I’ll break down a review of Leaders Make the Future by:
- Introduction: Provide a brief overview of Leaders Make the Future‘s main points
- Arguments: Discuss the arguments put forth to make the points, focusing on the evidence for a) the main forces of change in the future and b) the best skills for leaders to develop to work well within the challenges our future presents
- Evidence Evaluated: While I appreciate the book’s ability to provoke forethought of what leaders need to do now to prepare for leading in the future, I also see a dearth of evidence that the proposed skill sets are the best way to flourish in the future.
- Response: While the future my be fraught with more VUCA and the skill sets outlined may be the best approach to flourishing in a VUCA world, the lack of evidence that this is the case limits the impetus for implementing focus and programs around the skill sets described. At this point, companies serious about preparing their leadership team for the future would be well served by seeking more data for what works or diving into what is working well for similar companies (or companies similar to where the want to be) and pursuing those. It may be that IFF or other organizations also have more data to substantiate the ideas presented here.
Leaders Make the Future provides the insights of Bob Johansen, Fellow and former President of Institute for the Future on how leaders can cope with changes coming over the next ten years. He indicates that the world in which leaders must operate will be increasingly volatile, uncertain, complex and ambiguous (VUCA) and that leaders need to apply vision, understanding, clarity and agility to move forward effectively.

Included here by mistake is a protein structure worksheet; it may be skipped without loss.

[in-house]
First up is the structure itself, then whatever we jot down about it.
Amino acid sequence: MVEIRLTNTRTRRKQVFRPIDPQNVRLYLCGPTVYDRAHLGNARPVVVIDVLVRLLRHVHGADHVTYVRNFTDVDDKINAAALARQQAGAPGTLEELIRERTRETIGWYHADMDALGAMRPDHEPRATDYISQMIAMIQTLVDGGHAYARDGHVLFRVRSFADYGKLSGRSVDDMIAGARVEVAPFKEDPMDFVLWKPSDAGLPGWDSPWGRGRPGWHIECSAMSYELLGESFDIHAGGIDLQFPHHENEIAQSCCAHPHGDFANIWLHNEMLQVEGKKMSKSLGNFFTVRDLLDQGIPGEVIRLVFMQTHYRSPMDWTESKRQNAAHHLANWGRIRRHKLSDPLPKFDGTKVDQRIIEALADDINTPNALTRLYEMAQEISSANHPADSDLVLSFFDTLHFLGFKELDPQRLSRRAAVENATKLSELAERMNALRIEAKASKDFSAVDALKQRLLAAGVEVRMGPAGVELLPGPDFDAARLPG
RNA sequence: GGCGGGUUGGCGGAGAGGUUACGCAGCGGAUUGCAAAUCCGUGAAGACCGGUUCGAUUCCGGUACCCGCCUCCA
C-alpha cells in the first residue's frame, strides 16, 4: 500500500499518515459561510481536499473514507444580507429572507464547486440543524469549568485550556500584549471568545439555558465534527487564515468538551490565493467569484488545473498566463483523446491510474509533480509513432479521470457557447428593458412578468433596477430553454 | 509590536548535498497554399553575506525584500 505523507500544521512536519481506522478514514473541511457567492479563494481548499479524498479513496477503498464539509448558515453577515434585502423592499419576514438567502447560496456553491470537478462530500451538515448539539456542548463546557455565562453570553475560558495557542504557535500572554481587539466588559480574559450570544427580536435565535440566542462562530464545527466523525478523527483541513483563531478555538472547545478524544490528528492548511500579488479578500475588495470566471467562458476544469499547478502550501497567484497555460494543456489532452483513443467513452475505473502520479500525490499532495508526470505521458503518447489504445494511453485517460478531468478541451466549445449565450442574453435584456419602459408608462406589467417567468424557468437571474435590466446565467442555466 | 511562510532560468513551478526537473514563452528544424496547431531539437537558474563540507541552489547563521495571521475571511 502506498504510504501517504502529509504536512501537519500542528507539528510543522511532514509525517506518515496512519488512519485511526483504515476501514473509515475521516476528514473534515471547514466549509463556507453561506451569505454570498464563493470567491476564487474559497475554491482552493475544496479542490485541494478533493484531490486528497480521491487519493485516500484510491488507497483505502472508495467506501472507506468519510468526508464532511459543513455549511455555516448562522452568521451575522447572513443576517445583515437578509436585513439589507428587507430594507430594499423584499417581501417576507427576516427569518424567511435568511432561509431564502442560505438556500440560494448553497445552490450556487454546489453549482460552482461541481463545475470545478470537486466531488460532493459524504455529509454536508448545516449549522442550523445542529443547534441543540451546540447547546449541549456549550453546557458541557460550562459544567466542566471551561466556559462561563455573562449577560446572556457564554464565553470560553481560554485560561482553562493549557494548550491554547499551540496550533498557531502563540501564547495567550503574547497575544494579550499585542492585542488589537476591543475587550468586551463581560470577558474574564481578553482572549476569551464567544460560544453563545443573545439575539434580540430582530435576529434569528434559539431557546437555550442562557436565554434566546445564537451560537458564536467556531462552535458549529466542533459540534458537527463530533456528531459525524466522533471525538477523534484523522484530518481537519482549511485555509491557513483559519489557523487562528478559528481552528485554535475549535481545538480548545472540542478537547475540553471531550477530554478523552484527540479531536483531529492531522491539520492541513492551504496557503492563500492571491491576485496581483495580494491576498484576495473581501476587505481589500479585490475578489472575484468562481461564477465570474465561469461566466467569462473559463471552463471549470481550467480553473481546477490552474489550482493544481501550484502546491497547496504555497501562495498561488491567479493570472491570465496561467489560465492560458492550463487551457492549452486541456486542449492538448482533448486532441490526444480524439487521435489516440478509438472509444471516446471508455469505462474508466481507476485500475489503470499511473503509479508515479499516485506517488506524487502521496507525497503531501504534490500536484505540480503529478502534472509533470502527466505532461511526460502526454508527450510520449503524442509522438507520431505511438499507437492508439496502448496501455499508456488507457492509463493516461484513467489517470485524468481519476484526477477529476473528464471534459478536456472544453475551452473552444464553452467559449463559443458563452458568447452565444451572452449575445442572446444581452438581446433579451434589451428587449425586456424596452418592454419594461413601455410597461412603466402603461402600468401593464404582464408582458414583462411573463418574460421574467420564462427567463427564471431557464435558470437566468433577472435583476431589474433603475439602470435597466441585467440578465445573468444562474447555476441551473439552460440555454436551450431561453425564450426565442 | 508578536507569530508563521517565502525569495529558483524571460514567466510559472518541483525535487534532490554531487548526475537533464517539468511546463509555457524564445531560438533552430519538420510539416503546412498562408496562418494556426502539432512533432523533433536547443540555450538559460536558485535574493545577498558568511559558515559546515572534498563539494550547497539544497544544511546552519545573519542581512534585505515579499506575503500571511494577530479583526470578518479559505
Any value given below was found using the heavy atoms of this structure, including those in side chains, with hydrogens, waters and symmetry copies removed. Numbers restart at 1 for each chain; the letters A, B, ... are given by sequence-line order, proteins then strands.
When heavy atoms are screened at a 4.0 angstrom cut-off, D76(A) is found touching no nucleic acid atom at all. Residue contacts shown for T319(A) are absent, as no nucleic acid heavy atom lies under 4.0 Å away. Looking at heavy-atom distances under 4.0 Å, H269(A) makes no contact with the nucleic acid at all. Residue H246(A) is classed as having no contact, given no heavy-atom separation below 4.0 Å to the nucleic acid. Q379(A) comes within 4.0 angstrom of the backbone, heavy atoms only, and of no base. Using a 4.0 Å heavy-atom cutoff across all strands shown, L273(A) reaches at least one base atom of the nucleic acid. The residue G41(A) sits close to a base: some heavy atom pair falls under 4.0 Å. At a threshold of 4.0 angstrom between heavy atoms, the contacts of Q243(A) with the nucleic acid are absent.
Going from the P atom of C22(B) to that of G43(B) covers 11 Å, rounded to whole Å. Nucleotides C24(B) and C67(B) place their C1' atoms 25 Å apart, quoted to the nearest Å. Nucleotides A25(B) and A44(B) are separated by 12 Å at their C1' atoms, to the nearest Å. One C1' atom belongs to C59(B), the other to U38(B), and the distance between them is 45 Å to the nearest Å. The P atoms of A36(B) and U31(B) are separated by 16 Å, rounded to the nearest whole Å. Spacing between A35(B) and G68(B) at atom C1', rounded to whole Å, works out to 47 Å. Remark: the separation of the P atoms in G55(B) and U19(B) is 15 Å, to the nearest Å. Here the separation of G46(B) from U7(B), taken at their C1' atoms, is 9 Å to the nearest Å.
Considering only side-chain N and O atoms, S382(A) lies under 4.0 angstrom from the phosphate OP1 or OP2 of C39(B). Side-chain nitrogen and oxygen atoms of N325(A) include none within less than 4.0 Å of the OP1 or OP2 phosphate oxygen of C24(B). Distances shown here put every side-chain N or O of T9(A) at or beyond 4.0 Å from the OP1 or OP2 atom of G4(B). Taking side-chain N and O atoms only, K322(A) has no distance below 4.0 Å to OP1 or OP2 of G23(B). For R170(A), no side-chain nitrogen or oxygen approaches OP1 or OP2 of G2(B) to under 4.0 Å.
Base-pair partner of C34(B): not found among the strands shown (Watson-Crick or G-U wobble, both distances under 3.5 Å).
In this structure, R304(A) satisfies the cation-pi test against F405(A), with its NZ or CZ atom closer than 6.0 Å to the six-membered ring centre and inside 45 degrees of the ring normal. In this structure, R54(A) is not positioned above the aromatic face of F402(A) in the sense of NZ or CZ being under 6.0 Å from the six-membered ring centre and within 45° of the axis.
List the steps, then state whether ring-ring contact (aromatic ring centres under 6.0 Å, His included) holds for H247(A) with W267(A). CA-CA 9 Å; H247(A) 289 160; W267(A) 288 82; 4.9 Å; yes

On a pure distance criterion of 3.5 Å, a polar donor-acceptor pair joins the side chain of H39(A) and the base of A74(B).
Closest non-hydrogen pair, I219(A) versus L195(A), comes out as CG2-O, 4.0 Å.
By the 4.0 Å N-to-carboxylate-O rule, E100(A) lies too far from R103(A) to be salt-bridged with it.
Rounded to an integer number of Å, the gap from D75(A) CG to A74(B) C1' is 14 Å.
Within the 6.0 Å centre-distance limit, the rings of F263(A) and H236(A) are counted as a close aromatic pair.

There are 10 skills that Mr. Johansen suggest a leader ought to develop in be in the best position to respond to VUCA:
- Maker Instinct
- Dilemma Flipping
- Immersive Learning Ability
- Constructive Depolarizing
- Quiet Transparency
- Rapid Prototyping
- Smart-Mob Organizing
- Commons Creating
Now, Mr. Johansen waxes eloquently on what VUCA is, what these skill are and some real world examples of how folks have applied the skills. While corporations are often thinking of succession planning, bringing up the next set of leaders and guiding current leadership over the next 5 year horizon, Mr. Johansen’s reflections encourage you to think of how to develop leaders to be in the best position to manage macro change on the ten year horizon. So this isn’t about dealing with individual event projections but rather the direction of change and the skills to manage it. Leaders make the Future is worthwhile if it does nothing else than encourage that level of reflection.
One of the struggles I have with the book is that it is light on evidence for both its view on the direction of change which the future presents and the most effective means of working in the world that results from the changes. In other words, it does a lovely job of indicating that VUCA will increase, what that looks like and what he believes are the top ten skill-sets to work well within that world, but he provides little evidence for:
- VUCA has increased and will accelerate in the coming decade
- That the 10 skills highlighted help leaders respond better to VUCA.
For VUCA, he essentially indicates that
- It’s a VUCA world now
- There’s rapid, disruptive change all around us (look at all of the tech changes and their impact)
- Given our experience, the pace of disruptive change will only increase in intensity, resulting in more VUCA
While this seems reasonable, plausible, if you will, there’s little presentation of data to substantiate the claims. I’m not saying he’s wrong, I’m simply saying that he hasn’t substantiated his claim with data.